Remarks by Mr Tom Burke CBE at the ‘Climate Change And The Courts’ Seminar – London – 1 December 2015

 

Remarks by Mr Tom Burke CBE at the ‘Climate Change And The Courts’ Seminar, 70 Kingsway, London on December 1st 2015.

 

climate change an the courts seminar

 

 

 

 

 

 

 

 

 

I want to thank Ukela for inviting me to talk to you today though I must admit I accepted the invitation with some trepidation.

As a non-lawyer amid such learned and distinguished company I was not at all sure that I would have anything relevant to say.

I do know quite a lot about climate change policy and politics – they are not the same – and I know Richard Macrory very well – having made the mistake of hiring him to become Friends Of The Earth’s in-house lawyer some forty years ago this year.

That was a mistake for which I have paid ever since as he has roped me ever more deeply into the legal world.

My main reason for accepting was the critical importance of getting it right on climate change. If we fail, I fear that the rule of law itself will be in question.

I was asked to give you an overview in where the law and the courts fit into humanity’s efforts to keep the climate safe.

In forty five years as an environmentalist my principal purpose, in many ways, has been to extend the rule of law over the then environmentally untamed wilderness of the economy.

Essentially the UNFCCC is the global peak of the still immature effort to extend the rule of law over the way in which human beings manage the planet. This is an effort which I read recently has generated some 840 items of climate law of one kind or another.

President Obama speaking in Paris yesterday talked of climate change shaping the contours of this century like no other issue.

He was right. There are four more reasons why this is different from most other issues that law is asked to address.

First, it impacts literally every single person on the planet. The success or failure of climate policy will determine the security and prosperity of everyone on the planet.

Second, the changes we have already made are, effectively, irreversible and therefore bind future generations in a way not possible by other human actions.

For the irreversible changes to which we are already committed to remain manageable then our policy must succeed within a specific, and rather short, time.

Finally, this issue suffers from what the Governor of the Bank of England called the tragedy of the horizon. As he explained, the difficulty with climate change is that by the time the need to act is apparent it will be too late to do so.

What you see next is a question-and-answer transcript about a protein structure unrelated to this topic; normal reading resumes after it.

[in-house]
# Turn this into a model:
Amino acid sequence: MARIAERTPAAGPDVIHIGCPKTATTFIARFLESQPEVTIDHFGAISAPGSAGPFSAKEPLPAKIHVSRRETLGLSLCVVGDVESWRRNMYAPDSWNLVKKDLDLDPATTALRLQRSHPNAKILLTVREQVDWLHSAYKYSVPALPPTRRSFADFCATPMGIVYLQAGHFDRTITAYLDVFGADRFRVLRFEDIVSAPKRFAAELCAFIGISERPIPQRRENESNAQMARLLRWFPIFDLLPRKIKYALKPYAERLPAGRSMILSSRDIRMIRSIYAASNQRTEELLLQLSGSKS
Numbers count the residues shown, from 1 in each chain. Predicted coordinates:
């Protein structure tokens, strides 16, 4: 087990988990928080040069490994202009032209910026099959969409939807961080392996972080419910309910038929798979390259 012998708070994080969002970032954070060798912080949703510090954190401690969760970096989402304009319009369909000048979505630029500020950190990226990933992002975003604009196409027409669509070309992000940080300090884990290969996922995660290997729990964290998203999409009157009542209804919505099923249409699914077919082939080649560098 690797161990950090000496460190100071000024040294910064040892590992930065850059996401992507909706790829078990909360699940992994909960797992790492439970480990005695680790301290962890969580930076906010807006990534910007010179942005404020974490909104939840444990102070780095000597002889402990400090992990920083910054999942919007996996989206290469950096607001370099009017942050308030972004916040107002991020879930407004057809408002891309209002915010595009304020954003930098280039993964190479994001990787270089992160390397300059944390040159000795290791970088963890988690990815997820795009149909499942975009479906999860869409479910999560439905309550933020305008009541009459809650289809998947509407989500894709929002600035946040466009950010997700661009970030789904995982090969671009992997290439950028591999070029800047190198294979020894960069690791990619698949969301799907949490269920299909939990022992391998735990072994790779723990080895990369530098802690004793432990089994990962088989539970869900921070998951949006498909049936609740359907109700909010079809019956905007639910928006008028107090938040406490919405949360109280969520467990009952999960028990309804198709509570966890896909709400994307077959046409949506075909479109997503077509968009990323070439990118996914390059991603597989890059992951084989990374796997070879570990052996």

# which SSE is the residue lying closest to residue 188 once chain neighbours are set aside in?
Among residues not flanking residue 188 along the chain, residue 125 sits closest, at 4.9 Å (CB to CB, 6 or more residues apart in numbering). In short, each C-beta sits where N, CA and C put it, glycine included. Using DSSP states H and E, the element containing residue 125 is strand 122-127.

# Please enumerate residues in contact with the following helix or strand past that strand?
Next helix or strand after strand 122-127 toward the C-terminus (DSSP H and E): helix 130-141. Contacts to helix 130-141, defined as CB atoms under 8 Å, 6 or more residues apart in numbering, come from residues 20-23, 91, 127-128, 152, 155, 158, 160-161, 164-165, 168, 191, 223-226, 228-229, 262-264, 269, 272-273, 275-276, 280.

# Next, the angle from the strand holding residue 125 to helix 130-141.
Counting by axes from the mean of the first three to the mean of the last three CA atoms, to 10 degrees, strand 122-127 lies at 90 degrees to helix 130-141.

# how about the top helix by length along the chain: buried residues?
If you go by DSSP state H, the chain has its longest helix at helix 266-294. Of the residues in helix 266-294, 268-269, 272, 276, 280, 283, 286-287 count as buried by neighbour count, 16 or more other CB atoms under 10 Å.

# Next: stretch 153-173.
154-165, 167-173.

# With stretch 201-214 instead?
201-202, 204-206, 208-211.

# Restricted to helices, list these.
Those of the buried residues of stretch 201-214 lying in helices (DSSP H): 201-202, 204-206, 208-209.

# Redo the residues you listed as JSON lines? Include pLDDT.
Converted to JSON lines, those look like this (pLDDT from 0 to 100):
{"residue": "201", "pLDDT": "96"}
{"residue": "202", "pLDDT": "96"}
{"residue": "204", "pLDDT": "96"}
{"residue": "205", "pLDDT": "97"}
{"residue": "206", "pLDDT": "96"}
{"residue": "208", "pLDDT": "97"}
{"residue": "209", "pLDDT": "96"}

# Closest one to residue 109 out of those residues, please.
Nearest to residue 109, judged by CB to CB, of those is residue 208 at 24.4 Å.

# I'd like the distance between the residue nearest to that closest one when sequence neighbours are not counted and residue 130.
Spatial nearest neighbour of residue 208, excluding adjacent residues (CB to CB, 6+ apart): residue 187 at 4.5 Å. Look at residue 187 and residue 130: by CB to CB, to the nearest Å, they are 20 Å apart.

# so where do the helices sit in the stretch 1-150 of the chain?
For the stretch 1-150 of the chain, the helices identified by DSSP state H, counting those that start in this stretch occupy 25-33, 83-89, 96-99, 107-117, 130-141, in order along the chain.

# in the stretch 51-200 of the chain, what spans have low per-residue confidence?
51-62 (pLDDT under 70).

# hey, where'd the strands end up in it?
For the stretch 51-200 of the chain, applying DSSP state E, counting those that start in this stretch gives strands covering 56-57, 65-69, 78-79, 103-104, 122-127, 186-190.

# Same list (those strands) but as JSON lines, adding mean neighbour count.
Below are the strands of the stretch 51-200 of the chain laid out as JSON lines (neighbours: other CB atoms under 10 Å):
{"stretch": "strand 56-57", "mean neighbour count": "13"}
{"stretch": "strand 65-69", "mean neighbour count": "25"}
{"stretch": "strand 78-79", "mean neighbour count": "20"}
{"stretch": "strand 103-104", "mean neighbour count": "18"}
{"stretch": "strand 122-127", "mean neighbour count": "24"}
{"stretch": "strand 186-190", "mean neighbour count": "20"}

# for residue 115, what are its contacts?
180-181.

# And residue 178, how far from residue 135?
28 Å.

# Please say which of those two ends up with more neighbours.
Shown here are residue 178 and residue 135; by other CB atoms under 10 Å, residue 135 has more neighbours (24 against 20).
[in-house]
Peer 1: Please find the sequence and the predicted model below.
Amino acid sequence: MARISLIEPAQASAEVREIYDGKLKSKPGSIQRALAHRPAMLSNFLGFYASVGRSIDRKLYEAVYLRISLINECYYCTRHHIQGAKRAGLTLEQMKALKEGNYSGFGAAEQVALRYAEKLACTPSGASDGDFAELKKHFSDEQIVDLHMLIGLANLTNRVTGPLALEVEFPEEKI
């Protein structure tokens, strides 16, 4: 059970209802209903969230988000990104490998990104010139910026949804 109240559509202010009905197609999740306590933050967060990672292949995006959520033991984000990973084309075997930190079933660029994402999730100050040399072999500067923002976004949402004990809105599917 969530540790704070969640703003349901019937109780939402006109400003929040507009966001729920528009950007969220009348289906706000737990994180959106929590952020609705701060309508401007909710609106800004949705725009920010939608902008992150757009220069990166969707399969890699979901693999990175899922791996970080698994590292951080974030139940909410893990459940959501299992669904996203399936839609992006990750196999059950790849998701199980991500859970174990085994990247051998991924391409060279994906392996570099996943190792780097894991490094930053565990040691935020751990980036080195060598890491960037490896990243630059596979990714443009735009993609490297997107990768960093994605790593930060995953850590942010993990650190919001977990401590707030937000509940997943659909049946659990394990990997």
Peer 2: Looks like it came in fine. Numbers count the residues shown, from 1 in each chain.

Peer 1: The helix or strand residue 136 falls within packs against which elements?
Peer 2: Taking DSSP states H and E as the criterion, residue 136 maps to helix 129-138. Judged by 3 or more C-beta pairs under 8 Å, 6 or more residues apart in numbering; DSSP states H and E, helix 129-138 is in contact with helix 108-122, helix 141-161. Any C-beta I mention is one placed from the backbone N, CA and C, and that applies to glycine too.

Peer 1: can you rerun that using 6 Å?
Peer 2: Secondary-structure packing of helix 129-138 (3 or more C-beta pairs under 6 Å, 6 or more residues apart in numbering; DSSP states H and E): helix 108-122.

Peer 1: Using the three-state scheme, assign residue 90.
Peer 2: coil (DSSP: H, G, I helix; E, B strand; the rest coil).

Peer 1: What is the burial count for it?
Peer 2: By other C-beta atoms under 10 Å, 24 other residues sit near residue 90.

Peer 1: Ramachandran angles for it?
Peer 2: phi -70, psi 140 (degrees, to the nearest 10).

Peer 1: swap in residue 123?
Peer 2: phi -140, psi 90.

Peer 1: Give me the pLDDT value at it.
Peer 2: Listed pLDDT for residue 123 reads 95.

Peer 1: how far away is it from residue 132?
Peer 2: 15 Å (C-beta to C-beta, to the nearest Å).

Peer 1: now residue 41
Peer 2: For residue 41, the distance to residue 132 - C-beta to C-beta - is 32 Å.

I cannot think of another instance where we have tried to develop law prior to experience of its absence.

The role the law and the courts will play in meeting the challenge of climate change will be shaped in part by the policies governments translate into law and in part by the available evidence to determine issues that come before the courts.

Evidence to be decisive must, at least to my layman’s eye, pass one of two tests. It must convince beyond reasonable doubt or it must convince on the balance of probabilities.

This raises a central question. What do we know about the climate and the impacts on human beings of a changing climate? What weight can we reasonably attach to that knowledge?

This is a much contested issue which it may be worth examining in a little detail.

We know with certainty the concentrations of the various greenhouse gases in the atmosphere and we know that they are increasing and we know that they will alter the temperature of the planet.

We know with somewhat less precision the sources of those emissions.

We know with some confidence, but not with certainty, the probability of the temperature that will arise from those concentrations.

We have good descriptions of the impacts of different temperatures on large geophysical systems such as glaciers or the ocean’s temperature and can model their future behaviour with some, but still developing, confidence.

We have some confidence at planetary scale, based on modelling, of how temperature rises will affect the probability of extreme weather events but we are some way from being able to model such events at high resolution.

We do know, however, with high confidence that climate change is structurally altering the baseline on which current prudential assessments of such risks are made.

We do not yet have complete and reliable descriptions of the cumulative impact of these changes on biological systems, including the agriculture, forestry and fisheries which are central to human welfare.